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How to Fix a Roto-molded Plastic Kayak with a Hole in it



While working as a sea kayaking guide, I had to repair some enormous holes in plastic kayaks. One of our trailers was built for canoes and didn't have fenders over the tires. Unfortunately someone wasn't paying attention when loading it with kayaks and the sides of a few boats sat on the tire for a 2 hour trip. We had 3 boats with gaping holes in them.

It isn't very likely that you'll have a kayak with such a large hole, but whatever the size, here's how to fix it.


What you need:

  • Heavy duty gloves
  • Heat gun (blow torch works in a pinch)
  • Metal spoon / spatula
  • Patch (made from spare boat, 50 gallon plastic barrel, etc)
  • Water bottle for temperature regulation and safety
  • Safety glasses
  • Pliers
  • Clamp (depending on the type of repair)
  • Rough grit sandpaper
  • Well ventilated space

Prepping the kayak and the patch

If the hole is next to the seat or any rigging or anything that would either get in the way or catch fire, remove it. For the boat pictured, we had to take the seat out, take the paddle holder off, and move the rudder cable.
Sand the edges of the patch and the edges of the hole. I used a grinder for the patch to make things go faster. Some people will tell you to sand the side of the patch that will stick to the boat and the plastic of the boat around the hole the patch with attach to. I don't know if this helps the patch stick or not because I didn't bother doing it. It's probably worth trying.
Attaching the patch
This is truly the hardest part. I needed assistance because you have to move very quickly.
set up your work space so that everything is accessible.
  1. Put on your gloves
  2. Turn on the heat gun or ignite the torch
  3. With the pliers, hold the patch at a corner
  4. Using the torch/gun, melt the patch to the point that it is droopy but be careful not to burn a hole in it. Its easy to burn a hole through it with a torch. A little harder with the gun. I use slow sweeping motions across the body of the patch
  5. Sweep the torch across the outer edges of the hole enough so that the plastic starts to turn a different color. This boat turned yellow when it was ready, others turn white. be careful not to stay in one place for too long or you'll have two holes instead of one!
  6. You have to work EXTREMELY quickly, while both the patch and the boat are still hot. The patch needs to be pretty droopy and the boat sticky. you'll have to hold the patch in your hands and press it to the boat. Even with gloves on it gets hot!

Smoothing things out
Now that the patch is on, you need to make sure it'll stay on, hold water and look a bit better. This means you'll need to smooth things out. this part is really all about trial and error. It took me a good 15 minutes to get the technique down. Here's what to do.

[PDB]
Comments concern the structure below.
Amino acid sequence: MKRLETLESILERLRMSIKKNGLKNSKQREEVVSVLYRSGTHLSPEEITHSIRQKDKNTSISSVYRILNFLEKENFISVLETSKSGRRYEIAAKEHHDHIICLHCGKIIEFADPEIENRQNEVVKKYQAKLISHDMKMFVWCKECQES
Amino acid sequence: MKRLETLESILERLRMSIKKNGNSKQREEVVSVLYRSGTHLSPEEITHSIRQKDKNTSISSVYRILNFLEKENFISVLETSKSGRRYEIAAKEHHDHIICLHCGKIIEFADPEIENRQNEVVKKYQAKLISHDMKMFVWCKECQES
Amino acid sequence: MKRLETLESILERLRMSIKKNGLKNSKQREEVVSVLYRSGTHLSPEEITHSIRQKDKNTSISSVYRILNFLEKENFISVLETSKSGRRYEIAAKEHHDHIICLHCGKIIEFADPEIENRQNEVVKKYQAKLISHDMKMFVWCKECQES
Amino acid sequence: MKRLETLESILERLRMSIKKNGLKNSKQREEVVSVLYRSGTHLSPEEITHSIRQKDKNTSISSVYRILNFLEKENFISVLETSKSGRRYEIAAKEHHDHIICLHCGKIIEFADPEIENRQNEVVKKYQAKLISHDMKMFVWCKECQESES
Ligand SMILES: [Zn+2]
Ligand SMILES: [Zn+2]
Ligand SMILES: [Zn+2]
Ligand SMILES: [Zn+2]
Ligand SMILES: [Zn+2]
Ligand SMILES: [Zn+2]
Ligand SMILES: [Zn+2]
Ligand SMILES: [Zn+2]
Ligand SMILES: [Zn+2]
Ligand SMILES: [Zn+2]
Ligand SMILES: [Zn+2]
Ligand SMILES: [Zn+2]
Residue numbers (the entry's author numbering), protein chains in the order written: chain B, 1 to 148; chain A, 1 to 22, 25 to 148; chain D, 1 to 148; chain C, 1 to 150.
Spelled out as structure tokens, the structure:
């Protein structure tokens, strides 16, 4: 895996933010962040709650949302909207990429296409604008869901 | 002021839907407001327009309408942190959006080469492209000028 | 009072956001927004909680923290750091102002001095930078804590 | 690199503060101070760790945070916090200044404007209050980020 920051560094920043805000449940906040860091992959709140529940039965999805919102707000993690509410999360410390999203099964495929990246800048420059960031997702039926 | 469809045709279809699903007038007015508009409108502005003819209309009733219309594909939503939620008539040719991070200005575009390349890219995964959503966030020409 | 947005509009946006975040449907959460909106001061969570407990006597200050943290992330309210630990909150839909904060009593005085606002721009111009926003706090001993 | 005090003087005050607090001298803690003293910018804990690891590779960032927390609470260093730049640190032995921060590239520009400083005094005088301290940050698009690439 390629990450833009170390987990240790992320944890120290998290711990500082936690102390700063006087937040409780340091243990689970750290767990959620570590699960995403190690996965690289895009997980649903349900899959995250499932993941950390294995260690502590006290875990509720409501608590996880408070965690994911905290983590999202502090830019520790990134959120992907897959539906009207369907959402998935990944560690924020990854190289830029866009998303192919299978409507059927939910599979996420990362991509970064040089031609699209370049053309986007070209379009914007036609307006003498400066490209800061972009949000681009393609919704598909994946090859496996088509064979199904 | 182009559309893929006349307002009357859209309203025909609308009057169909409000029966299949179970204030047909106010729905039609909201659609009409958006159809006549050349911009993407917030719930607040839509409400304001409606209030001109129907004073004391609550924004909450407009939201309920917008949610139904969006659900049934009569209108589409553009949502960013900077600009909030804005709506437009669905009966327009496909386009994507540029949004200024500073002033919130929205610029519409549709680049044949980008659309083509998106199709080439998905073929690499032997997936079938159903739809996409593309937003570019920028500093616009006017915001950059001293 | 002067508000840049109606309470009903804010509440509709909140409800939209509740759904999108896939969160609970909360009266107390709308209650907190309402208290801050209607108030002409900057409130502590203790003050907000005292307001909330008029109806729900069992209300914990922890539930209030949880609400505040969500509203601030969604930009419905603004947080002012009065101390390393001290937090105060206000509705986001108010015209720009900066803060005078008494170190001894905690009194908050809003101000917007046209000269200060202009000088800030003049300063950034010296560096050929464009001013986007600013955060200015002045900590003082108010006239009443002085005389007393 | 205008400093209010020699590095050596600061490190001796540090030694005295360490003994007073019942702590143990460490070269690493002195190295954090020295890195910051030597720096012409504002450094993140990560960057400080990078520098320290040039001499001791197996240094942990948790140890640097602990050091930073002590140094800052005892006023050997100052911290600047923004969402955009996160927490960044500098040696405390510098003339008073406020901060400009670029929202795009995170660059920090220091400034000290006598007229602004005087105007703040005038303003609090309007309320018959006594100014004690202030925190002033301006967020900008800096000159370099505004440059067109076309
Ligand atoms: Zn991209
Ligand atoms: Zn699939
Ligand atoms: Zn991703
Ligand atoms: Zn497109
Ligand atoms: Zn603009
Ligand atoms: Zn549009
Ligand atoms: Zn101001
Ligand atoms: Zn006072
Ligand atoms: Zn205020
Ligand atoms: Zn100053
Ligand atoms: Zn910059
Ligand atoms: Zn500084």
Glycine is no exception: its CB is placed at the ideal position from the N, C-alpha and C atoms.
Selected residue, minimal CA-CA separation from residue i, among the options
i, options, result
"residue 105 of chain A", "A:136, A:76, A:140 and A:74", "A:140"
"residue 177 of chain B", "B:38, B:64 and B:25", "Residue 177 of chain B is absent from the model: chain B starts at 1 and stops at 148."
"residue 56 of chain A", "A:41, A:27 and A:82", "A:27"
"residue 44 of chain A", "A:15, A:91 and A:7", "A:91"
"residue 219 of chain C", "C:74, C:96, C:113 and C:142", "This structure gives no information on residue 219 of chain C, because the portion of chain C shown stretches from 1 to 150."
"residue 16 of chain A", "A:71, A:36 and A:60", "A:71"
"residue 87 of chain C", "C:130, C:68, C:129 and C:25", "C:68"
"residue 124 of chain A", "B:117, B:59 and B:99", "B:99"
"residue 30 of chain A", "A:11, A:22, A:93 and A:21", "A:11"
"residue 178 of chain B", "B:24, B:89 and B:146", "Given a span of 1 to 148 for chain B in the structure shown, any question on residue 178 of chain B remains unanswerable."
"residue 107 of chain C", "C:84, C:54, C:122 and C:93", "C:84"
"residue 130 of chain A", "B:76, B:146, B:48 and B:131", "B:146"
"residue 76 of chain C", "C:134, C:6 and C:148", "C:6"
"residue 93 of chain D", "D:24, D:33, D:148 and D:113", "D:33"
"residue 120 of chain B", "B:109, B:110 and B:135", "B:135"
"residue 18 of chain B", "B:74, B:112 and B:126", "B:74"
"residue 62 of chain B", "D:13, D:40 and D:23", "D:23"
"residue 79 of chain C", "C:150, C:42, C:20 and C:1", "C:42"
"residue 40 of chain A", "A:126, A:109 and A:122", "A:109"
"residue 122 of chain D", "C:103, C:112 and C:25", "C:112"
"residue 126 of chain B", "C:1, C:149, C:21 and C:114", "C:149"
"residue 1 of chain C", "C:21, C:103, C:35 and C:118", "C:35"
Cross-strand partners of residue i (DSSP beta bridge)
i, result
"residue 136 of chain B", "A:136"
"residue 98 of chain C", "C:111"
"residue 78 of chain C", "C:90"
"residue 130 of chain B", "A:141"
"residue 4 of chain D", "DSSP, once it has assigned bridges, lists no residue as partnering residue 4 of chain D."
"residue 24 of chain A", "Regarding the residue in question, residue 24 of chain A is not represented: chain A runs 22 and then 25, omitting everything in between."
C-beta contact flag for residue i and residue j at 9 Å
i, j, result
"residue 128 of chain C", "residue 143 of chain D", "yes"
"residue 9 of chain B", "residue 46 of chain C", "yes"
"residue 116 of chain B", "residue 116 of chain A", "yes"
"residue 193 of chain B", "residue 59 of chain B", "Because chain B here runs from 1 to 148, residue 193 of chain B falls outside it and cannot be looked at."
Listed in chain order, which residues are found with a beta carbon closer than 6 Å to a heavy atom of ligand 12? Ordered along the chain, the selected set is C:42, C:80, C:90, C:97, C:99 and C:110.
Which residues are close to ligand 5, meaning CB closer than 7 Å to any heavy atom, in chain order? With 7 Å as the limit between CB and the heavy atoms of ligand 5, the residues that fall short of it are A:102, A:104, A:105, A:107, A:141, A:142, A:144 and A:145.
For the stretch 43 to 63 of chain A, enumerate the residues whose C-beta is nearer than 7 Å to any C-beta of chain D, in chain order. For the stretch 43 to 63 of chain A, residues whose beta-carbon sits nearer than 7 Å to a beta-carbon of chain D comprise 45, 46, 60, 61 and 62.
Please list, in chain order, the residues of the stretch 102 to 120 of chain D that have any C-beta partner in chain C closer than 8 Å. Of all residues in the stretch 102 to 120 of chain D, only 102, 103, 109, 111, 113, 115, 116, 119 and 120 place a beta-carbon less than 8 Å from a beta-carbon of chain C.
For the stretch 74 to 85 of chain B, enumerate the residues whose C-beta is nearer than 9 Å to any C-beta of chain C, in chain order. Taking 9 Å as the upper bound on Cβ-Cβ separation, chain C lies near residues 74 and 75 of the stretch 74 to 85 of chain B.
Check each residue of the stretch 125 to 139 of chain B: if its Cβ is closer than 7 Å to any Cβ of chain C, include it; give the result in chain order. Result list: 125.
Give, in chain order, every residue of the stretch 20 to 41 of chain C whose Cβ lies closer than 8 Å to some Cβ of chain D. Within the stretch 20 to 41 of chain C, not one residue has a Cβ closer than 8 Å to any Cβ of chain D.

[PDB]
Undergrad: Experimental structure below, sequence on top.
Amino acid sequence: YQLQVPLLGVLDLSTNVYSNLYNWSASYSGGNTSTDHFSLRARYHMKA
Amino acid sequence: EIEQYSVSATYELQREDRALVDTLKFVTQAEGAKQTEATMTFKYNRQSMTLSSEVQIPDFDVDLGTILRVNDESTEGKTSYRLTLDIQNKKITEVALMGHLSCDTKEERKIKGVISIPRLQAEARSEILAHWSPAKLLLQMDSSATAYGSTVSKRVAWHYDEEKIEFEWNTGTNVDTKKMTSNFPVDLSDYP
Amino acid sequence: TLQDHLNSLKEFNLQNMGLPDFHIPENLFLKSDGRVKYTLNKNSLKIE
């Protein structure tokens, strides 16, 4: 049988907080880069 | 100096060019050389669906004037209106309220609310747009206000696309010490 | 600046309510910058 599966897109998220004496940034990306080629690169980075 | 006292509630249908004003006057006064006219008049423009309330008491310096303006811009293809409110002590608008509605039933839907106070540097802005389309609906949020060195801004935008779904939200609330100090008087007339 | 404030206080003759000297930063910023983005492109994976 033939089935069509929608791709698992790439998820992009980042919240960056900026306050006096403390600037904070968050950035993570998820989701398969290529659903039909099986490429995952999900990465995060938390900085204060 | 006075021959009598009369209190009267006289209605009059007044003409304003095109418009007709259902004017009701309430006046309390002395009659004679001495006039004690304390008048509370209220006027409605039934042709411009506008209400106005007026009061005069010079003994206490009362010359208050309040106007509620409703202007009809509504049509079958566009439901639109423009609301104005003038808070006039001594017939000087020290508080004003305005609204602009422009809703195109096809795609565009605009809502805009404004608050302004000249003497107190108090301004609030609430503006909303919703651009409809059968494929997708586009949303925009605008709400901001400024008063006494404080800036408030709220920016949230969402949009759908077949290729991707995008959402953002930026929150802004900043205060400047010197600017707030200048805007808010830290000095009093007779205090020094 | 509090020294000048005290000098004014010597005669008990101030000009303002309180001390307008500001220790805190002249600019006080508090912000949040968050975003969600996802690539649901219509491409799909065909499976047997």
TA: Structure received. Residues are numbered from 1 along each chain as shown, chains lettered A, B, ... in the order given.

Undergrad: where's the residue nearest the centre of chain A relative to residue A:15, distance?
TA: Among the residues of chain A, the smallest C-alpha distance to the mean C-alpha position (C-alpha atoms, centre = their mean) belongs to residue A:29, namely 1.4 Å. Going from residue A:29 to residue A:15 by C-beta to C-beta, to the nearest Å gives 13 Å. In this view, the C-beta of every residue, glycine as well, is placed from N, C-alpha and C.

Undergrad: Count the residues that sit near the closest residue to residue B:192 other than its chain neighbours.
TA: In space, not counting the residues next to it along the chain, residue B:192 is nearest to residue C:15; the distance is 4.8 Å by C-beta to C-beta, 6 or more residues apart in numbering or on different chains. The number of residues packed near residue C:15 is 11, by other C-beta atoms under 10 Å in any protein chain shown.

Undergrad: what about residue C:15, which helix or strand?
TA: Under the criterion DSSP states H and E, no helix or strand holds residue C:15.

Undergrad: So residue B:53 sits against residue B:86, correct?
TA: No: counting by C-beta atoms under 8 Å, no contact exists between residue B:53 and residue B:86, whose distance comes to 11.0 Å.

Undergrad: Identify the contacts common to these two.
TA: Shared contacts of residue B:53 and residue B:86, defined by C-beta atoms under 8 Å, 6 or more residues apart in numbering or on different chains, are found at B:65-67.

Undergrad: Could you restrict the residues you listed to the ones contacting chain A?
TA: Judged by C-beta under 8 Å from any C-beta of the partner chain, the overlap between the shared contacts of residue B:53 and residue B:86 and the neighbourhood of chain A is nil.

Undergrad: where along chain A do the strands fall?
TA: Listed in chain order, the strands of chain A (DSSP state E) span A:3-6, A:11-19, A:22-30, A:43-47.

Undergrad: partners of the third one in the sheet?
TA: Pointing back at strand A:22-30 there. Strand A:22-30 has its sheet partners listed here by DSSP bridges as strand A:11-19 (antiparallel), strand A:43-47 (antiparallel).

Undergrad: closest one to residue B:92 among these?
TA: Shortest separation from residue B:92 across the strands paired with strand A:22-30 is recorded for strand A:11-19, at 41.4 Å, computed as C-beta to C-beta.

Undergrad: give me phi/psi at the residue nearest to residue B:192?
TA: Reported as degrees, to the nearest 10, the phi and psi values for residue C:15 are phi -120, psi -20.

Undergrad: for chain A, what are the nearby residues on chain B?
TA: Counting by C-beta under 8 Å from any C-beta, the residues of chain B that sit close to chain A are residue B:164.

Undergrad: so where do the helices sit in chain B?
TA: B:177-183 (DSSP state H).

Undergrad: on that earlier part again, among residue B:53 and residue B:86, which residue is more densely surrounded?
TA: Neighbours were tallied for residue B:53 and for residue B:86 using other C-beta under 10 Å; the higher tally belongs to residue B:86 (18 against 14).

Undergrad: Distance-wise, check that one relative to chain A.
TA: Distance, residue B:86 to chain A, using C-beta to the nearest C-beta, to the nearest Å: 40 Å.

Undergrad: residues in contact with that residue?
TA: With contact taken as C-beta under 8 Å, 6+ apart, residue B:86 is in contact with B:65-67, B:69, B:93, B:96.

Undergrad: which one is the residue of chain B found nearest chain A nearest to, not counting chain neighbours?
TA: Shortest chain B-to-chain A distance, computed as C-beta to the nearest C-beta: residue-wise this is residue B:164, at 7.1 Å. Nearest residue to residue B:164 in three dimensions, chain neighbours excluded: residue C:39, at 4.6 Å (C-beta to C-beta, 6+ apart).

1. Get your torch and metal spoon or putty knife
  2. Frequently the edges of the patch won't be stuck to the boat even if the patch is staying stuck to the boat, I held the torch so that the flame went between the edge of the patch and the side of the boat until both turned yellow then I pressed them together using my gloved hand or the spoon.
  3. To smooth things out: heat up a small area (4 square inches) at the edge of the patch until it turns a color but not to the point that it catches on fire
  4. With small sweeping and frequent strokes, sweep the melted plastic of the patch out onto the sides of the boat. move quickly. as the plastic cools, or if you press too hard, the plastic with stick to the spoon. I would frequently wipe the hardened plastic off the back of the spoon using the cinder block
  5. It is best to heat up a small section and focus on it until you are satisfied with the smoothness and then move on. don't heat up a long section and try to work because it cools too quickly
  6. I turned the boat over and propped it up on a cinder block for better access to the bottom of the patch
Sand and check for leaks
Watertight but still needing sanding
Put the boat up on some saw horses if you have them and pour water into the cockpit. Watch for drops of water to come out of the patch. Work these areas over again with the torch.

Now if you want to, you can use the torch on the inside of the boat to transition the plastic of the boat to the patch. This time you're smoothing the plastic of the boat onto the patch. I think this step isn't very necessary unless your patch is leaking.

Now all you need to do is sand the patch smooth. 


What about repairs in the field?
The repair above is a reliable, secure and permanent repair, but requires lots of equipment you wouldn't have with you out on a trip. What do you do if you put a hole in your kayak while out on a trip? 

Triage paddler safety Keep the paddler safe by either landing or keeping the kayak afloat using a paddle float and improvised flotation made from dry bags filled with air. I always have two paddle floats and an empty dry bag with me on my trips.

Choose repair method Both JB Water Weld and Flex Tape will work underwater. Flex Tape is a great general purpose option, and best for larger holes. JB Water Weld works well for punctures and in places where curvature of the boat won't work as well with Flex Tape. Flex Tape won't work on plastic kayaks that have a dimpled or textured surface.






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